Human Rights Council debates UN expert’s report on violence against children
The Geneva-based Human Rights Council today held a special debate on violence against children looking at how best to follow-up on last year’s study by an independent United Nations expert that calls for a wide range of measures, covering the responsibility of governments and others, to stamp out the global scourge.
“While legal obligations lie with States, all sectors of society, all individuals, share the responsibility of condemning and preventing violence against children and responding to child victims. None of us can look children in the eye if we continue to approve or condone any form of violence against them,” states the report written by Paulo Sérgio Pinheiro and presented to the General Assembly in October.
Speaking during today’s debate in Geneva, Mr. Pinheiro said high-level global attention to the problem of violence against children was crucial for increasing awareness and ensuring the political will and adequate resources necessary to foster change.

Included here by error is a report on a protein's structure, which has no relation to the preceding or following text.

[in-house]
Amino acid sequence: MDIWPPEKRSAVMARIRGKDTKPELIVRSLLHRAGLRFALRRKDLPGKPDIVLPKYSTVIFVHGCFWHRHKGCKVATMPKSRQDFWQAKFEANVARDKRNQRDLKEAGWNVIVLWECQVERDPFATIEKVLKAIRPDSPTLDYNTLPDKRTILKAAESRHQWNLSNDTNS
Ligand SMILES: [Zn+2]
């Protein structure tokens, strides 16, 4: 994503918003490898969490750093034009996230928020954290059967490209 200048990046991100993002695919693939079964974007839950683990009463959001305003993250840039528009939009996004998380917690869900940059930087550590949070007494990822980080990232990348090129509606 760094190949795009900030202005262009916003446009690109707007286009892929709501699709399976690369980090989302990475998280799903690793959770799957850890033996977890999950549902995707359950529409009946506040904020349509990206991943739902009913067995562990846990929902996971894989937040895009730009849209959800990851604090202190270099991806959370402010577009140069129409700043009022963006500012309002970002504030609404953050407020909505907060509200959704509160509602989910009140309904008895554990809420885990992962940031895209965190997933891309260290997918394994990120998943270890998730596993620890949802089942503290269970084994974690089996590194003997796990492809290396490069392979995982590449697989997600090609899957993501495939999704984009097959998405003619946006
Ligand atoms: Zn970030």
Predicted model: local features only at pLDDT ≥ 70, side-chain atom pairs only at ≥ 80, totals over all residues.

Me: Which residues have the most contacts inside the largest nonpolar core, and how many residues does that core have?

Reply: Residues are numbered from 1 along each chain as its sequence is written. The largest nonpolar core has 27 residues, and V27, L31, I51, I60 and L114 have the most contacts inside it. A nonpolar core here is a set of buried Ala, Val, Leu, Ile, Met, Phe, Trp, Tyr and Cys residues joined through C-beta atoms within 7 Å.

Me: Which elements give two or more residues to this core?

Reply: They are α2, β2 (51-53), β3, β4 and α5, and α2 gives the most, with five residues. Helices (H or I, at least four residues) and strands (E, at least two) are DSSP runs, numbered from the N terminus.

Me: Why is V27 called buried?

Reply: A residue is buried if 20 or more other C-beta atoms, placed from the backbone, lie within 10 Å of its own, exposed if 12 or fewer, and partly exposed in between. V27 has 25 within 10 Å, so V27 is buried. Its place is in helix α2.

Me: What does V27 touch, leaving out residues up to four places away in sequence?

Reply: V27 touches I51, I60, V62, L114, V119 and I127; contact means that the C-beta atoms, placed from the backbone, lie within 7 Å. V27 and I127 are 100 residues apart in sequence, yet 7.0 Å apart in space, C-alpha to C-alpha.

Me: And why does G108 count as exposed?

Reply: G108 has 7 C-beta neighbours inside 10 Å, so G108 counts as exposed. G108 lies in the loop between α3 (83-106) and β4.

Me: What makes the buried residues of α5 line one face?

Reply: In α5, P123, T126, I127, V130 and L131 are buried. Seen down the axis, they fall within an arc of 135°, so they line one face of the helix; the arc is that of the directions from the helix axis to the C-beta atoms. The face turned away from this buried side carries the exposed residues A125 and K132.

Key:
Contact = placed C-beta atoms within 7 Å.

The UN Deputy High Commissioner for Human Rights Kyung-wha Kang said that the UN and its partner agencies were fully committed to ensuring that Mr. Pinheiro’s recommendations were followed up, and especially his efforts to develop a long-term strategy for combining public health, education, child protection and human rights in a common approach.
Representatives from over 20 countries and regional groups also spoke during the debate, along with non-governmental organizations (NGOs) and UN agencies, including the UN Children’s Fund (UNICEF).
“The core message of the Study is that no violence against children is justifiable; all violence against children is preventable,” states Mr. Pinheiro’s report. “Member States must act now with urgency to fulfil their human rights obligations and other commitments to ensure protection from all forms of violence.”
The report covers cruel and humiliating punishment, genital mutilation of girls, neglect, sexual abuse, homicide and other forms of violence against children, painting a sobering picture backed up by statistics and in many cases the testimonies of children themselves.
Most of the 10 pages of recommendations and follow-up are directed primarily at States and refer to their legislative, administrative, judicial, policymaking, service delivery and institutional functions, while also emphasizing the primacy of the family.